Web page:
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Management Faculty in the News

Georgetown University’s McDonough School of Business’s distinguished faculty members regularly provide thought leadership through various media outlets. They share research insights and commentary on business news.

  • How to Succeed at Work When Your Boss Doesn’t Respect You

    A contributed article by Christine Porath, associate professor of management: In a study of 20,000 people across industries and organizations I’ve found that the number one thing that people want from leaders is respect. It trumped recognition and appreciation, communicating an inspiring vision, providing useful feedback — even opportunities for learning, growth, and development.

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  • On Metro's New GM, Paul Wiedefeld; What Qualities Make a Good Leader?

    Robert Bies, professor of management, discussed the qualities of a good leader on WJLA’s “Good Morning Washington.”

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  • Efforts to Get More Women on Public Company Boards Slow Going

    Yet, “There’s still a real dearth of women on corporate boards,” said Catherine Tinsley, a professor of management at Georgetown University’s McDonough School of Business and faculty director of the university’s Women’s Leadership Institute. In a study she co-authored that examined more than 3,000 U.S.-based public firms, Ms. Tinsley found some companies tend to “gender-match” when they recruit new board members. “I found the biggest predictor of putting a woman on boards is if another woman just left,” she said.

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  • ‘Near Misses’ Hold Valuable Lessons

    That means that airlines are missing opportunities to learn, according to research by Peter Madsen, an associate professor of organizational behavior and human resources at Brigham Young University in Provo, Utah; Robin Dillon-Merrill, a professor of operations and information management at Georgetown University’s McDonough School of Business in Washington, D.C.; and Catherine Tinsley, a professor of management, also at the McDonough School.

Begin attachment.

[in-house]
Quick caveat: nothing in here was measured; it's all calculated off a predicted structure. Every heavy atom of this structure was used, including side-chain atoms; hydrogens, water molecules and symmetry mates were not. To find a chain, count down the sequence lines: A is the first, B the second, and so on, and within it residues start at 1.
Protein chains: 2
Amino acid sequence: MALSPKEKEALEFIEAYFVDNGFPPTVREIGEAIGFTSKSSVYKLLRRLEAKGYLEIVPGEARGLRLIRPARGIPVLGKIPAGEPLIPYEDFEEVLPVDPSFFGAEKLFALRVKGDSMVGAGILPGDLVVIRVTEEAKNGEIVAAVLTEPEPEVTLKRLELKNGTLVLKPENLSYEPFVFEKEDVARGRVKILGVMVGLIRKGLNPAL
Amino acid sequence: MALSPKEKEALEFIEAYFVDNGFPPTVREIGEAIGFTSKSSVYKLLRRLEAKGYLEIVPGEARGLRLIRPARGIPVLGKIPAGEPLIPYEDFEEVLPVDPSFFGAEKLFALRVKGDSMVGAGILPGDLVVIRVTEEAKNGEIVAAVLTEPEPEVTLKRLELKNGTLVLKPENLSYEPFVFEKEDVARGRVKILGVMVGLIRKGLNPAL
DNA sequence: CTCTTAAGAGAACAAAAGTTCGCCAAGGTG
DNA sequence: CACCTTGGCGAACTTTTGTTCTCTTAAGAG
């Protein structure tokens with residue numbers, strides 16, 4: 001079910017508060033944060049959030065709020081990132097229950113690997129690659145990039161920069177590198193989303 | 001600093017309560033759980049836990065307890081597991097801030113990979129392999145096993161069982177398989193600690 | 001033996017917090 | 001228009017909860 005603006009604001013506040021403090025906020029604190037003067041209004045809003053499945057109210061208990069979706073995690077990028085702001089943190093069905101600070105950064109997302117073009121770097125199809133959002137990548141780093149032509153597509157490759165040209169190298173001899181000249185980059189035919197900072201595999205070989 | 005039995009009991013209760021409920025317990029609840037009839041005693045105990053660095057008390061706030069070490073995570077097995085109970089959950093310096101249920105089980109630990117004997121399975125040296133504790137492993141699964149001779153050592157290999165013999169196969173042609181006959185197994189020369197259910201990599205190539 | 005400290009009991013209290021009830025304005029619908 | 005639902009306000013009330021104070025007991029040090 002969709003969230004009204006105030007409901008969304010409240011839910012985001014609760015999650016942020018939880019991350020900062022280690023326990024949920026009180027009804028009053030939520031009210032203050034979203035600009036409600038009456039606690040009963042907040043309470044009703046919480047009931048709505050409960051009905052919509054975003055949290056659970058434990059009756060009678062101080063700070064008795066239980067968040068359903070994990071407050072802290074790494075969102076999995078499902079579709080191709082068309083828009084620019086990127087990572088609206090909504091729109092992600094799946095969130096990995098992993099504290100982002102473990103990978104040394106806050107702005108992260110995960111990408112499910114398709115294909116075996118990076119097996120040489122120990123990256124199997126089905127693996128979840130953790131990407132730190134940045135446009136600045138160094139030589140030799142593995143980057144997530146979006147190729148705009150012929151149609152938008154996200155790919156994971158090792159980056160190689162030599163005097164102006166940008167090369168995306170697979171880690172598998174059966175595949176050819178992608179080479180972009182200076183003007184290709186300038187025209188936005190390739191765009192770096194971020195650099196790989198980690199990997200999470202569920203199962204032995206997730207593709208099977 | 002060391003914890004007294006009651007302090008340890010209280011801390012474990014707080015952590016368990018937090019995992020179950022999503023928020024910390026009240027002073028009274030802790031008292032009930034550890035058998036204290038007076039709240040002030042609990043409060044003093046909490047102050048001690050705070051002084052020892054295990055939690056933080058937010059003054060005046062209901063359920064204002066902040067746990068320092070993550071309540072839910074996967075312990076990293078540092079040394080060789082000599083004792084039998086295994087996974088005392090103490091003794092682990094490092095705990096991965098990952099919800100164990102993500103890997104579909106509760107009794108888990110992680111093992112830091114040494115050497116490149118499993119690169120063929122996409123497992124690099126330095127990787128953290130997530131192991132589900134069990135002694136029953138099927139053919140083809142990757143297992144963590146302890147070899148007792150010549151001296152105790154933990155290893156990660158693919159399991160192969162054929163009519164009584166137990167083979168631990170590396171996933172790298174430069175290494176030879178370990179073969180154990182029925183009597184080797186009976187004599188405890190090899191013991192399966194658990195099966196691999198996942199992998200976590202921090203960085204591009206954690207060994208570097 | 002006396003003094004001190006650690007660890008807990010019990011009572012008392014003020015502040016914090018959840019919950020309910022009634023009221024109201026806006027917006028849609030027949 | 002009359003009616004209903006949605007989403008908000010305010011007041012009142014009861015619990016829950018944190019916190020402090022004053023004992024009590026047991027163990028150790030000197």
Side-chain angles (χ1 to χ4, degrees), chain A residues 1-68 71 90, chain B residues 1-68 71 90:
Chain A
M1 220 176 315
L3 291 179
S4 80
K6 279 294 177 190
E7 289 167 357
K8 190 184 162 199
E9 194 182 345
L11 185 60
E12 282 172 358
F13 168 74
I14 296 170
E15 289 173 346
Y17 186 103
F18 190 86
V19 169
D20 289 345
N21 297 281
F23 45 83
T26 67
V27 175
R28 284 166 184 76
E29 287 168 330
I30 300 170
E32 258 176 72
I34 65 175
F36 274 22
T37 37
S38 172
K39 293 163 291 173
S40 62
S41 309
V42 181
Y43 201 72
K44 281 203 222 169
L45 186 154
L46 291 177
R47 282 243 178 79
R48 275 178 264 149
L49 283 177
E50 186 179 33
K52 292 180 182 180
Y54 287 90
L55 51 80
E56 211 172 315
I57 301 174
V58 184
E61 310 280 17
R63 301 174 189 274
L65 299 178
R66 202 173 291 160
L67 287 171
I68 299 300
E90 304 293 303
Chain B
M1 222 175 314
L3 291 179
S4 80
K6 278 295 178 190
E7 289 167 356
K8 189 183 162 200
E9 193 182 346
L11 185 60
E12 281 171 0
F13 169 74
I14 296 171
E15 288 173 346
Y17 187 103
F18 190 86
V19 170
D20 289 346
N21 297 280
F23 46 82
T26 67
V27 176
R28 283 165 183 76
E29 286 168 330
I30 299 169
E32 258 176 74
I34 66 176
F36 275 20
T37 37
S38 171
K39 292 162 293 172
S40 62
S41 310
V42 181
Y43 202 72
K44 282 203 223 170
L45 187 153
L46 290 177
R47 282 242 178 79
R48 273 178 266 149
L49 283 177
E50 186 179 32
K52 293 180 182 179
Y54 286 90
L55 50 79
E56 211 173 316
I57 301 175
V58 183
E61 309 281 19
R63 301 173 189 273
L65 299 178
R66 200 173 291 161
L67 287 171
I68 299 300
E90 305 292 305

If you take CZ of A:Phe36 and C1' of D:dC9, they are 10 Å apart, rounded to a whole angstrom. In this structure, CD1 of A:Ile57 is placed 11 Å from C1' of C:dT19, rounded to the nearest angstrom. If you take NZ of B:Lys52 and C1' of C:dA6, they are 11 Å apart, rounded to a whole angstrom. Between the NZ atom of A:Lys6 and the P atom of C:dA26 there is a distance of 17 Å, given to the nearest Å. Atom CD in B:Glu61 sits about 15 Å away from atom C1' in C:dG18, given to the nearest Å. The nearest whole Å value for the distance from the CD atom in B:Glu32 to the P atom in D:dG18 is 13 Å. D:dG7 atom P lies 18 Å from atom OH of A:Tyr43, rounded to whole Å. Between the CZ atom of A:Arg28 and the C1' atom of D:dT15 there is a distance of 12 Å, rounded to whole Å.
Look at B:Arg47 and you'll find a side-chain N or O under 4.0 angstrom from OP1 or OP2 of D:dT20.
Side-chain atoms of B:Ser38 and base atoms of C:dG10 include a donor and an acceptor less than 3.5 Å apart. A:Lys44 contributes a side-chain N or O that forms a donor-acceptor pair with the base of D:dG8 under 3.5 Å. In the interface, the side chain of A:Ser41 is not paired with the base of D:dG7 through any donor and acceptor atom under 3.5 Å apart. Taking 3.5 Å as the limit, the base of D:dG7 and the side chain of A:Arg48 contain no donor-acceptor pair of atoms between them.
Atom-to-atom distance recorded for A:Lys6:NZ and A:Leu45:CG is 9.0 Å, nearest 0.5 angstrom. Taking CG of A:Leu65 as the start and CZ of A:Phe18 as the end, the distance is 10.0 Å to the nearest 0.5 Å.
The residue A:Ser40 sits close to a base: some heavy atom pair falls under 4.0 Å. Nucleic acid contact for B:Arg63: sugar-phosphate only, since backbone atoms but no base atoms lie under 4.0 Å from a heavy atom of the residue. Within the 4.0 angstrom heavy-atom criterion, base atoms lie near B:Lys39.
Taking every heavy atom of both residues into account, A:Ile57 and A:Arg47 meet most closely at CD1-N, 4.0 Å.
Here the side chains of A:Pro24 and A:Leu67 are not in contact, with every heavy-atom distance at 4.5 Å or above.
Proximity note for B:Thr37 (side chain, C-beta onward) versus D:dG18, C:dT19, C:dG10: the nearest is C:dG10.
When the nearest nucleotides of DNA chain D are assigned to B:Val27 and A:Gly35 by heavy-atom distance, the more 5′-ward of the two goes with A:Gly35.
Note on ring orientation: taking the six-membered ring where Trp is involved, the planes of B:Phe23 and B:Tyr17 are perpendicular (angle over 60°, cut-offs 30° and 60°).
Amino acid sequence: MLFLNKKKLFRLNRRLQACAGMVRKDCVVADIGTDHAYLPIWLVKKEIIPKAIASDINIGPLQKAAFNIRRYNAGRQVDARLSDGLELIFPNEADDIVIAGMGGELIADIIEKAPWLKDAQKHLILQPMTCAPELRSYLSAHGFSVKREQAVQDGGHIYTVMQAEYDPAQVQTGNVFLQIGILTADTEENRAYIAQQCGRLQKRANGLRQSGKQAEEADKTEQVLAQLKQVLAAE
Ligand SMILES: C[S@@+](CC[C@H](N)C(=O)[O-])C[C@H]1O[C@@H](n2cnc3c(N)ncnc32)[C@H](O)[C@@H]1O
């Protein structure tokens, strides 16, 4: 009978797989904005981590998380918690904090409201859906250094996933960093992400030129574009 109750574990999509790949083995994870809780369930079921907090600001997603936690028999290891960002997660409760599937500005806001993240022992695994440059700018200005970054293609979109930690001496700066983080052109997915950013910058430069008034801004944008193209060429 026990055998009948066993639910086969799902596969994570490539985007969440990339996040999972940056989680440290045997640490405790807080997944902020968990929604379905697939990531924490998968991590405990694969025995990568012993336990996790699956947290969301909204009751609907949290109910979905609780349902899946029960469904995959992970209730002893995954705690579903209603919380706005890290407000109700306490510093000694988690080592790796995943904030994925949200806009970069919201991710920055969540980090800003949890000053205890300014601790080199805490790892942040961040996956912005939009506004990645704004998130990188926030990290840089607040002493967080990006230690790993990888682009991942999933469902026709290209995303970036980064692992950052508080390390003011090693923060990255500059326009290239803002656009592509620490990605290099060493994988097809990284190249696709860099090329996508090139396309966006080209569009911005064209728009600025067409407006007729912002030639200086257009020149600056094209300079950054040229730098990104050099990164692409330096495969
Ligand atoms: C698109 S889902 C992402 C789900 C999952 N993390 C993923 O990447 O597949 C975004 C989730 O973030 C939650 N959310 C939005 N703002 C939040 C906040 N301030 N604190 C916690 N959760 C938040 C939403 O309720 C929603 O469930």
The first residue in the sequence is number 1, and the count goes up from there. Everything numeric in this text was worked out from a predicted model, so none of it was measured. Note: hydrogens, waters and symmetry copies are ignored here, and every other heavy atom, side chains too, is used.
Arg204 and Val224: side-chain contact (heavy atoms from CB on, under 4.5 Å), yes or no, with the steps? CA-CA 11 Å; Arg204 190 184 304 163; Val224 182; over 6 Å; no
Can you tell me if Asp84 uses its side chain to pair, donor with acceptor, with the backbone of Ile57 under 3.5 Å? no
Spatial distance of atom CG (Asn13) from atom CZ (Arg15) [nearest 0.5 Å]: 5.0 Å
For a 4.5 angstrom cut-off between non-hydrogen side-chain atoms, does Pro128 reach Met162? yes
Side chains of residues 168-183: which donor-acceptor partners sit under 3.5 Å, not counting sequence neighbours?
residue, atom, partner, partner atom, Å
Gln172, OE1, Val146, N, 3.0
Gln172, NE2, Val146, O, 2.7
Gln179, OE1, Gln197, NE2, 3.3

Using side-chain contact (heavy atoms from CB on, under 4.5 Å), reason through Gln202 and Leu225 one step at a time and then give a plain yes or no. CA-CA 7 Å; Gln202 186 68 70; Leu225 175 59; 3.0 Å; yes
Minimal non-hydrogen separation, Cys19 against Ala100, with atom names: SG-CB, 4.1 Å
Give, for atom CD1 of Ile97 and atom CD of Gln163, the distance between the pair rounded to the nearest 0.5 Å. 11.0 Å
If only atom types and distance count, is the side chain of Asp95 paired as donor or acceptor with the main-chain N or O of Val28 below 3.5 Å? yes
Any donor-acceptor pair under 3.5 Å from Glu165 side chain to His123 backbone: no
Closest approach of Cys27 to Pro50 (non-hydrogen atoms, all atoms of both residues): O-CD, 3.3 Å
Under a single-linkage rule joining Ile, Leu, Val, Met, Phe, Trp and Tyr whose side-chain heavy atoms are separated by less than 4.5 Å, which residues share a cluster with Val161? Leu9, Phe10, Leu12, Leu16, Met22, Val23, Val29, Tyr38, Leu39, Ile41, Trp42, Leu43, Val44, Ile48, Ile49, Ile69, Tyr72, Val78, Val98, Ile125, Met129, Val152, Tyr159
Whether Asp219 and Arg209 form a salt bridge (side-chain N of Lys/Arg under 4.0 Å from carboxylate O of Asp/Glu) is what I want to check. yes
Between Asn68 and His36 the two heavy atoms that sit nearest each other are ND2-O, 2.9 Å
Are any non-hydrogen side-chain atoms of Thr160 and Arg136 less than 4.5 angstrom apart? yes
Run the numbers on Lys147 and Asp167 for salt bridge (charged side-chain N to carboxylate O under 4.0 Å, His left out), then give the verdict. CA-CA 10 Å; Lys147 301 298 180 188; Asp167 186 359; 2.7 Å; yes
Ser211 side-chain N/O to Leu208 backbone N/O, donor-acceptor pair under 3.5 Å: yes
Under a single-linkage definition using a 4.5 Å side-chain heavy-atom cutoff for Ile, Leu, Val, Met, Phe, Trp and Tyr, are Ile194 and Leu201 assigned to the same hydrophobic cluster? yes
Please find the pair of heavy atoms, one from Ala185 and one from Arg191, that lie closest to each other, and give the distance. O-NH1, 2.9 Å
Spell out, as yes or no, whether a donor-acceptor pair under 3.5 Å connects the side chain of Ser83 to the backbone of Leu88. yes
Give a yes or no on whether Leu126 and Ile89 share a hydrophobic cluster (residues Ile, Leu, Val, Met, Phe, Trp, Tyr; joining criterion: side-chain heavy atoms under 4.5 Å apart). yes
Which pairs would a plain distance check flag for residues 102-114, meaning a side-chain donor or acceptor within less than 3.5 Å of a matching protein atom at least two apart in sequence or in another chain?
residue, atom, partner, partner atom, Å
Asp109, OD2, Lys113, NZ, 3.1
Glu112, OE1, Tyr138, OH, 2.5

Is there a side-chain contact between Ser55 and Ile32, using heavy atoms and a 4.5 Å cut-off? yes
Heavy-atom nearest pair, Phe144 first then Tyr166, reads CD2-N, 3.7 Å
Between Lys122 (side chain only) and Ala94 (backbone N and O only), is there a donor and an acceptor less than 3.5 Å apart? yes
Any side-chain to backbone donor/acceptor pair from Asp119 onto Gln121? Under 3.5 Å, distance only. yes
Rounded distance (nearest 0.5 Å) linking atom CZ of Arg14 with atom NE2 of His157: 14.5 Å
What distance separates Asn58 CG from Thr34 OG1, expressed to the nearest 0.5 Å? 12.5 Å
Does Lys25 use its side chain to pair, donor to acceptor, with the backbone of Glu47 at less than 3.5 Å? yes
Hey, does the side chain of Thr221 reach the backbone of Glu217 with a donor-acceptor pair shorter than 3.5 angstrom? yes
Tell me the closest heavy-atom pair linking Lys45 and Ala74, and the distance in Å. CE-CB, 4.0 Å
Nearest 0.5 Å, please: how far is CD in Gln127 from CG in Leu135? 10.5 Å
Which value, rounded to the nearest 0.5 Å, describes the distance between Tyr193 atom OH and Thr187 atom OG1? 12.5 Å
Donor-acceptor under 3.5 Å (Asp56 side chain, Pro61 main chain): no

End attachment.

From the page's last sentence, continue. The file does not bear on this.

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  • On the Money!

    A contributed article by Catherine Tinsley, faculty director of the Georgetown University Women’s Leadership Institute: Congratulations to the U.S. Treasury Department for its recent decision to put a woman on money. Harriet Tubman is set to replace Andrew Jackson on the $20 bill by 2020. Naturally, there is poetic justice in replacing a slave holder with a woman who fought so tirelessly for emancipation. Yet, there are two other reasons why the face of a woman on U.S. currency notes is so healthy for American culture and why this current decision does not go far enough.

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  • Show Us the Money

    A contributed article by Catherine Tinsley, professor of management and director of the Georgetown University Women’s Leadership Institute: President Obama recently announced new steps to advance equal pay including a proposal that the Equal Employment Opportunity Commission in partnership with the Department of Labor collect and report summary pay data by gender, race, and ethnicity from businesses with 100 or more employees. This is a giant leap toward identifying and ultimately rectifying wage inequities. But before we get into the implications these data will have for wage equality, let us first explain why these data are crucial for advancing our understanding of wage dynamics.

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  • Here's What Happens When Companies Wade Into Politics

    Kurt Carlson and Chris Hydock, faculty at the Georgetown Institute of Consumer Research at the university's McDonough School of Business, join Tori to discuss the economic consequences companies face when they take a position on divisive issues, and how it's easier than ever for consumers to vote with their wallets.

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